Right now, we rely on secure technologies like never before—to cope with the pandemic, to organize and march in the streets, and much more. Yet, now is the moment some members of the Senate Judiciary and Intelligence Committees have chosen to try to effectively outlaw encryption in those very technologies.
The new Lawful Access to Encrypted Data Act—introduced this week by Senators Graham, Blackburn, and Cotton—ignores expert consensus and public opinion, which is unfortunately par for the course. But the bill is actually even more out of touch with reality than many other recent anti-encryption bills. Since January, we’ve been fighting the EARN IT Act, a dangerous anti-speech and anti-security bill that would hand a government commission, led by the Attorney General, the power to determine “best practices” online. It’s easy to see how that bill would enable an attack on service providers who provide encrypted communications, because the commission would be headed by Attorney General William Barr, who’s made his opposition to encrypted communications crystal clear. The best that EARN IT’s sponsors can muster in defense is that the bill itself doesn’t use the word “encryption”—asking us to trust that the commission won’t touch encryption.
But if EARN IT attempts to avoid acknowledging the elephant in the room, the Lawful Access to Encrypted Data Act puts it at the center of a three-ring circus. The new bill doesn’t bother with commissions or best practices. Instead, it would give the Justice Department the ability to require that manufacturers of encrypted devices and operating systems, communications providers, and many others must have the ability to decrypt data upon request. In other words, a backdoor.
The bill is sweeping in scope. It gives the government the ability to demand these backdoors in connection with a wide range of surveillance orders in criminal and national security cases, including Section 215 of the Patriot Act, a surveillance law so controversial that Congress can’t agree whether it should be reauthorized.
Worse yet, the bill requires companies to figure out for themselves how to comply with a decryption directive. Their only grounds to resist is to show it would be “technically impossible.” While that might seem like a concession to the long-standing expert consensus that technologists simply can’t build a “lawful access” mechanism that only the government can use, the bill’s sponsors are nowhere near that reasonable. As a hearing led by Senator Graham last December demonstrated, many legislators and law enforcement officials believe that even though any backdoor could be exploited by bad actors and put hundreds of millions of ordinary users at risk, that doesn’t mean it’s “technically impossible.” In fact, even if decryption would be “impossible” because the system is designed to be secure against everyone except the user who holds the key —as with full-disk encryption schemes designed by Apple and Google—that’s likely not a defense. Instead, the government can require the system to be redesigned.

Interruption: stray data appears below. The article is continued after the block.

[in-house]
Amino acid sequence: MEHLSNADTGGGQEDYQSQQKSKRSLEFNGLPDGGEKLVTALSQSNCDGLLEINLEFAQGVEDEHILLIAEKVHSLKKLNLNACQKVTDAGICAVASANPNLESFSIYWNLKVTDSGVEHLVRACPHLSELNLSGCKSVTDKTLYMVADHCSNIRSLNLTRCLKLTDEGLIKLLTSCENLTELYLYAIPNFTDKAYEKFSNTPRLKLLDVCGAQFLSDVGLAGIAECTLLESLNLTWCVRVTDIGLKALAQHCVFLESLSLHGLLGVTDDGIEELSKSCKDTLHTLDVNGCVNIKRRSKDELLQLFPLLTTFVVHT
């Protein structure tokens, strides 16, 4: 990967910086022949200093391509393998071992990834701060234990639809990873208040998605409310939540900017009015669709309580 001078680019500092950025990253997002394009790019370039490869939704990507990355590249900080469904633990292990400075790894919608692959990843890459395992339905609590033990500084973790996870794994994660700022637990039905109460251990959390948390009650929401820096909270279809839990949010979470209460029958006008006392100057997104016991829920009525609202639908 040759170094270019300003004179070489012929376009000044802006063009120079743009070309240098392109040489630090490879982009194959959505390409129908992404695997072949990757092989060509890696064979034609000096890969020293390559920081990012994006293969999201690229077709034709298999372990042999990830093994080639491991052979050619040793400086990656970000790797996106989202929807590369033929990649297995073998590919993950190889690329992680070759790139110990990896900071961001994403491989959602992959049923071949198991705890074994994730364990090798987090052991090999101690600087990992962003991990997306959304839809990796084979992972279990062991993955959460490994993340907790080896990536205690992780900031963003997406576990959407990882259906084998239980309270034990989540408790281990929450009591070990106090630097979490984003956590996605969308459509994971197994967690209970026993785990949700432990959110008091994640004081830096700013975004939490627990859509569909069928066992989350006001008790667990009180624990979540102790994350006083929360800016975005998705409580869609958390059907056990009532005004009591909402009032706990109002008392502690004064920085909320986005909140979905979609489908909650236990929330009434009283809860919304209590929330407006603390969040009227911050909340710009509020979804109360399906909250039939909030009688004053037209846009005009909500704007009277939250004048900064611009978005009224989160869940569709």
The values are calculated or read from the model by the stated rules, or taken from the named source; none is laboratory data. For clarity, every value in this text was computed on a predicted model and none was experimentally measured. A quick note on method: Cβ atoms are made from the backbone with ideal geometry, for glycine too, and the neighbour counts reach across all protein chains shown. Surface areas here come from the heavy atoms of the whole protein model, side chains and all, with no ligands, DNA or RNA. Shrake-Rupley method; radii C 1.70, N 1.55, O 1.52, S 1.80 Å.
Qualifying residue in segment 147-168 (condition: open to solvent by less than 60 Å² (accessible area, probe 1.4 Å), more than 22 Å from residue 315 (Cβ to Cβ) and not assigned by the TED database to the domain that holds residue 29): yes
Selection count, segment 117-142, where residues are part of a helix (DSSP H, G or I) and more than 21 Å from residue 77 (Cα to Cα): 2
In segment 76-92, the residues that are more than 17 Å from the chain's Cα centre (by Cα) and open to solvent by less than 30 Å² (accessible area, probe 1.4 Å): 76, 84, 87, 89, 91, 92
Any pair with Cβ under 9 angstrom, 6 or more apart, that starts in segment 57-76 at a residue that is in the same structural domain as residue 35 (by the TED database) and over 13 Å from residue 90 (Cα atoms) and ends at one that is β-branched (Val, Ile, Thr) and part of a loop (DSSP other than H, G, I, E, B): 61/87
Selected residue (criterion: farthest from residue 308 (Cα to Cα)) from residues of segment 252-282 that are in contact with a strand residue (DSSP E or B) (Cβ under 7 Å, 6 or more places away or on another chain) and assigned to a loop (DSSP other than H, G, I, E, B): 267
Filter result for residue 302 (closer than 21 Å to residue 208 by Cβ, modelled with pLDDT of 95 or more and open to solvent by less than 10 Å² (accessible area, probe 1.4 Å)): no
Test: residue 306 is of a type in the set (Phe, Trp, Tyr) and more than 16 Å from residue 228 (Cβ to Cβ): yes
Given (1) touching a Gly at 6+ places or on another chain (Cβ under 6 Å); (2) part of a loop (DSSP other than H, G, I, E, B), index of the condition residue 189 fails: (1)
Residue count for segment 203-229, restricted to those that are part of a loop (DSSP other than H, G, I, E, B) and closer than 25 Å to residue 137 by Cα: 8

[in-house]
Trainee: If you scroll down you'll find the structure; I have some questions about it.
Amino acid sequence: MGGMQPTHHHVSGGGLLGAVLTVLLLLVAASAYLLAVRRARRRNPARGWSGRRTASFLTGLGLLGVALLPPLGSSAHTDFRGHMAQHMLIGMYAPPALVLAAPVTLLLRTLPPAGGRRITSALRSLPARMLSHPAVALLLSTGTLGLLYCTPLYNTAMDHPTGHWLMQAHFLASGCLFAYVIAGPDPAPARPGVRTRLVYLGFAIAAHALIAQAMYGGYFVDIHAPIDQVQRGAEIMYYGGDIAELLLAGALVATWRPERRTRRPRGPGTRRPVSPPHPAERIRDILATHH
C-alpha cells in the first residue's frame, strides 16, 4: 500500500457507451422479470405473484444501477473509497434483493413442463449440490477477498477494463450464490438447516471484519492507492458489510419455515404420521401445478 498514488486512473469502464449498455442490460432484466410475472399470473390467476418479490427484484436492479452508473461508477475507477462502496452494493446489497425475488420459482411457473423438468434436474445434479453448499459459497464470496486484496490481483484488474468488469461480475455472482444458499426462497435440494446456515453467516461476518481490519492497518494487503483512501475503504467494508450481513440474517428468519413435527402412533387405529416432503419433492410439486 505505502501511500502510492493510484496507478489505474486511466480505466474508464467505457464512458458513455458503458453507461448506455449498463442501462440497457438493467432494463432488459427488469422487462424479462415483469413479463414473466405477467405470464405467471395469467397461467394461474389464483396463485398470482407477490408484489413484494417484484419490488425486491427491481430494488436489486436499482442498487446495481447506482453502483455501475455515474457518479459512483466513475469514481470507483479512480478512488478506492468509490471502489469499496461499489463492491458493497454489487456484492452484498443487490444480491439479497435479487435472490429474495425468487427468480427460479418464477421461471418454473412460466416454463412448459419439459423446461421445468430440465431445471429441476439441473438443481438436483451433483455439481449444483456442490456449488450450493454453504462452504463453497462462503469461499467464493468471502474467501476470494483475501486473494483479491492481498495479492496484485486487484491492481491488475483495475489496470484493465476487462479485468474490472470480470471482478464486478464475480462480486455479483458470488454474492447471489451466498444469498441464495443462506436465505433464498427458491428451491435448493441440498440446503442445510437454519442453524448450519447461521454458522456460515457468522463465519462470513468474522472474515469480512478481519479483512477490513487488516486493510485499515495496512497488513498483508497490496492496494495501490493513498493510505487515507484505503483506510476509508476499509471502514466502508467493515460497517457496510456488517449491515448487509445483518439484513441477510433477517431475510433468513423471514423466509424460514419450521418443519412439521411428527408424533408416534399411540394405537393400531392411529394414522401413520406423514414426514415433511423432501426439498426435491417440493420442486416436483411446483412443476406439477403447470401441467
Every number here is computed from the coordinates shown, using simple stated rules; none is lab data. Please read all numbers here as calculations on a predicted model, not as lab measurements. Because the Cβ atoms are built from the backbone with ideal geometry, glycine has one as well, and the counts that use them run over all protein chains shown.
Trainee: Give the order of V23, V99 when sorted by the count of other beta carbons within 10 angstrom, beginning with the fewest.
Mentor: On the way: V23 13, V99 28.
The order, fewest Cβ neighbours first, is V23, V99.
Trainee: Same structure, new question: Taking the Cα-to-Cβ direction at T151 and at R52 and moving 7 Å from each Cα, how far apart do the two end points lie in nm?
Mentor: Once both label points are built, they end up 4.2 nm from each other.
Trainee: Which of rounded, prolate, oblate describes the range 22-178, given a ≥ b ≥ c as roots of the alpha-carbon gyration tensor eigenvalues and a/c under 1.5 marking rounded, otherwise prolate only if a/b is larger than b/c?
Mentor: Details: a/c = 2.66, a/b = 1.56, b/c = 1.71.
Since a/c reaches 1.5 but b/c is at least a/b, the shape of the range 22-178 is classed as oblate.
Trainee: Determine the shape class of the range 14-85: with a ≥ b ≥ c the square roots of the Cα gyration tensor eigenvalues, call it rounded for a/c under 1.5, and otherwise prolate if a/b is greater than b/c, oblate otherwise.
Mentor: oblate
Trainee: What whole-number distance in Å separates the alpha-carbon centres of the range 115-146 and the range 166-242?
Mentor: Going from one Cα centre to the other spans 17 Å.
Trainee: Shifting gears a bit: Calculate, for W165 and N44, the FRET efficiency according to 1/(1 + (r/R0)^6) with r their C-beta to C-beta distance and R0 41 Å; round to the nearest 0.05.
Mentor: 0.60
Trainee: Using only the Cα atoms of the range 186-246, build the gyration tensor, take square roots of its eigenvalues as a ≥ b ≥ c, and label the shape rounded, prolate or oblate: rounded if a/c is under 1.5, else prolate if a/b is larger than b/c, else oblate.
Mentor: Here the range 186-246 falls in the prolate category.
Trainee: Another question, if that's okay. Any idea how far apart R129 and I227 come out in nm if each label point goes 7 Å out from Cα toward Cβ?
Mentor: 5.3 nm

Not only does the bill disregard the security of users, it allows the government to support its need for a backdoor with one-sided secret evidence, any time it feels a public court proceeding would harm national security or “enforcement of criminal law.” As we’ve seen, the government already attempts to stretch the limit of surveillance laws in secret to undermine the security of communications products. This bill would make that the norm.
Finally, the bill makes almost no concession to the massive disruption it would have on how people use technology. Its limitations are almost laughable: any device that has more than a gigabyte of storage and sells more than a million units a year could have to build a government-required backdoor if it is subject to five warrants or other requests, as would any operating system or communication system with more than a million active users. Clearly the bill’s authors are attempting to target iPhones, Android phones, WhatsApp, and other popular technologies, but the bill would also sweep in many specialized operating systems as well as consumer devices like Fitbits, Rokus, and so on.
It would also establish a sort of X-Prize for “secure backdoors,” rewarding researchers who manage to find “solutions providing law enforcement access to encrypted data pursuant to legal process.” But it is not a lack of resources or proper monetary incentives that has failed to square that particular circle. Instead, it is simply the inability to design a system that reliably allows access by the “good guys” without catastrophically weakening the security of the system.
These concerns only scratch the surface of what’s wrong with this bill. As with EARN IT, we should take every opportunity to tell members of Congress to leave the secure technology we rely on alone.